“When your eyes go, you stop painting. When your knees go, you stop dancing and when you can’t do what you do best, you walk away with dignity.” ~ Monty the Magnificent
In “The Sky’s The Limit,” Artie sends Pete and Myka to Las Vegas to investigate a body that has fallen from the sky. When the two arrive in Vegas, they discover the body was that of a young man who had been partying the night before with his buddies. Pete and Myka barely manage to get much information from the friends before they pass out again and leave with various souvenirs and trinkets the group had gathered during their night out. Following their path, Pete and Myka end up going to various hotels and casinos ending up at a strip club, where Pete is more than happy to stay… for days…. watching for the artifact. I have to say the look on Myka’s face after Pete volunteers to remain at the club for days was hilarious!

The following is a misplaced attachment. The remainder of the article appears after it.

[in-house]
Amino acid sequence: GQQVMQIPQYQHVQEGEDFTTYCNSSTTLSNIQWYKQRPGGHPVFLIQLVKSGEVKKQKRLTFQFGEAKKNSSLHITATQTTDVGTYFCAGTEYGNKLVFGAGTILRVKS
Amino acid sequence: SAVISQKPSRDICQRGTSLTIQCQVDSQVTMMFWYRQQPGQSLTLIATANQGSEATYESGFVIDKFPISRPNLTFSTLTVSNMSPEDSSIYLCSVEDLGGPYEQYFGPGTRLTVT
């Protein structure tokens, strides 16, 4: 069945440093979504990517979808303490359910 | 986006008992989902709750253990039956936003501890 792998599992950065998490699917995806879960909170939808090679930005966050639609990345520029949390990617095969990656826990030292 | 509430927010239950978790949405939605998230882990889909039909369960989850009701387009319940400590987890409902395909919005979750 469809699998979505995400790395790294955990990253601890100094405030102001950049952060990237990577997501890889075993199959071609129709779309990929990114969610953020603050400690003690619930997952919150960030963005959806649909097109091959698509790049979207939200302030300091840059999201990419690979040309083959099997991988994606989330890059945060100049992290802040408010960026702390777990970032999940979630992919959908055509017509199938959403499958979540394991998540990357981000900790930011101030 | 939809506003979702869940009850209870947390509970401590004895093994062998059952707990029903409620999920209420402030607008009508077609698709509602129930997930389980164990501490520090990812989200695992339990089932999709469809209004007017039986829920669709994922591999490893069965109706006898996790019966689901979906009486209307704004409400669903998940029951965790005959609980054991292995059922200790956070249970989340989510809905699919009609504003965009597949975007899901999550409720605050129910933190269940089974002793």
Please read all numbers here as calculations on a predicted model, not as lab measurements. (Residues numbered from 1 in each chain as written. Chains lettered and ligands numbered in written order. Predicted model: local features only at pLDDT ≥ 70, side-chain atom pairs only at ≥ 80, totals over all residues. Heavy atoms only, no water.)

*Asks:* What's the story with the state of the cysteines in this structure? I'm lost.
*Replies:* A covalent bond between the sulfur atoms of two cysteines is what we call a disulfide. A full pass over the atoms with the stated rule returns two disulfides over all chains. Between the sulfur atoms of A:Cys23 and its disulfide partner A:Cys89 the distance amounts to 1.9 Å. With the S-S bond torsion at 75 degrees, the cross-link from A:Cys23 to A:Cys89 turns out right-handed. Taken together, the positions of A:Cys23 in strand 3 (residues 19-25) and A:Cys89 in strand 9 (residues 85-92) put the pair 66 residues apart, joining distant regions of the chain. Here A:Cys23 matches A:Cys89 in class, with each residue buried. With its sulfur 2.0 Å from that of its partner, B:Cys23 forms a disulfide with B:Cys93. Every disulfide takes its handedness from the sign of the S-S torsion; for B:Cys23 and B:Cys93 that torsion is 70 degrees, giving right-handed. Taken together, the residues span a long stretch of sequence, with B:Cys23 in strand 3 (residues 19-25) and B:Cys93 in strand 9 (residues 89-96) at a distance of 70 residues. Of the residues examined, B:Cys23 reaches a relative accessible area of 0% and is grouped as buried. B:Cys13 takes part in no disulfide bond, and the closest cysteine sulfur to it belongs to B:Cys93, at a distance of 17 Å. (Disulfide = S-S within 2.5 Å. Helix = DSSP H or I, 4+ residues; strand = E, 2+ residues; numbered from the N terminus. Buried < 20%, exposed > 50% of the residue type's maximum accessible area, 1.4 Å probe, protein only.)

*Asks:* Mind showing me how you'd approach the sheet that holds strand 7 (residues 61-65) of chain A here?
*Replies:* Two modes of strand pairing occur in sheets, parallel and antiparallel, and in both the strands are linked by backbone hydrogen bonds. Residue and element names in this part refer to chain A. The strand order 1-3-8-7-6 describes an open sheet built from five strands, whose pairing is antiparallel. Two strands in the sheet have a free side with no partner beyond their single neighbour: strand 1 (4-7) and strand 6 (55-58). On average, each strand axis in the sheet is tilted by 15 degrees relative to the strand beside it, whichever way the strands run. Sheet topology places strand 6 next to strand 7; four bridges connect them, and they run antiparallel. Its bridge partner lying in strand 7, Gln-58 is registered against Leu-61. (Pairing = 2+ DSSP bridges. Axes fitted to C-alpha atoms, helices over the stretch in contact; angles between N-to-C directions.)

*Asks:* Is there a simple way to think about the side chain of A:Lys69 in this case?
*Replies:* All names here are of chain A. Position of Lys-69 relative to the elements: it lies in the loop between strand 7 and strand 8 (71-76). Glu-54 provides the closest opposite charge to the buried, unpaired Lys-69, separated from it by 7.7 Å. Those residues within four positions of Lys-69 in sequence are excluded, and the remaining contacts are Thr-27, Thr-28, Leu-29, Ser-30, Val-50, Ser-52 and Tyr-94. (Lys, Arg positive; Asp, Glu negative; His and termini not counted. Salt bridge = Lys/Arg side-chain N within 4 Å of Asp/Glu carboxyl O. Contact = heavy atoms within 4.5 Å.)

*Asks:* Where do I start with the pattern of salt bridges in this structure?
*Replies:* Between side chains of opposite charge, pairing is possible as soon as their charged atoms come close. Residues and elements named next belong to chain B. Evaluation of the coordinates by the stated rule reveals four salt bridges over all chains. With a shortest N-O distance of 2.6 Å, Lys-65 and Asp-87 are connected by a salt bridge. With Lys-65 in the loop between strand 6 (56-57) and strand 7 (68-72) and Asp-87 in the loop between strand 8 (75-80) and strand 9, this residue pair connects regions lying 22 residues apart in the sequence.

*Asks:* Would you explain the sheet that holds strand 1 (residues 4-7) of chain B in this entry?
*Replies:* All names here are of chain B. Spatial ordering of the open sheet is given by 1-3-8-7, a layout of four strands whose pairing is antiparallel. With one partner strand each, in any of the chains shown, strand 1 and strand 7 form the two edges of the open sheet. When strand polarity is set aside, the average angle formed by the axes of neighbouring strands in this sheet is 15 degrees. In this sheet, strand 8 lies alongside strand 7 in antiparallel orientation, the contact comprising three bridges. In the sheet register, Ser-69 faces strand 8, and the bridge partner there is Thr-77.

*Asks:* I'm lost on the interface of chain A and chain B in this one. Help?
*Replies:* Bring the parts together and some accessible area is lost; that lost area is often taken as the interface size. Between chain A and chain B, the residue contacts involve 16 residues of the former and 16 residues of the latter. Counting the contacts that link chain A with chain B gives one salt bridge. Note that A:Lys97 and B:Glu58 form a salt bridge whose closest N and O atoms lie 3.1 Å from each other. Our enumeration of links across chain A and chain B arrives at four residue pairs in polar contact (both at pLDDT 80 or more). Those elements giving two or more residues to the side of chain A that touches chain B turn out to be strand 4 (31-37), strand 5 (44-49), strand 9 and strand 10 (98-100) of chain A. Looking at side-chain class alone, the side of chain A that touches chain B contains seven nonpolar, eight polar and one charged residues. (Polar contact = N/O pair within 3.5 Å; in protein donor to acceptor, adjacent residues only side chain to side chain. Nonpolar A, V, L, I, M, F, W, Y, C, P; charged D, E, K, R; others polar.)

Pete and Myka begin to think his mysterious levitation has something to do with the club, until another body – that of a 40 year-old teacher from the Midwest – falls from the sky. After a bit more investigation they discover the two victims had both recently been to see the famous magician, Val Preston, prior to levitating. When they go to talk to Val, they find him extremely rude and obnoxious just before he levitates into the sky and disappears as well. They talk to some people that knew Val and discover that, though he was the biggest magician in Las Vegas, this was only due to his adept thievery of other magicians’ tricks, so I suppose his was a rather fitting death, succumbing to the magic of another. He did die, right? I don’t remember if they said what happened to him after he floated away…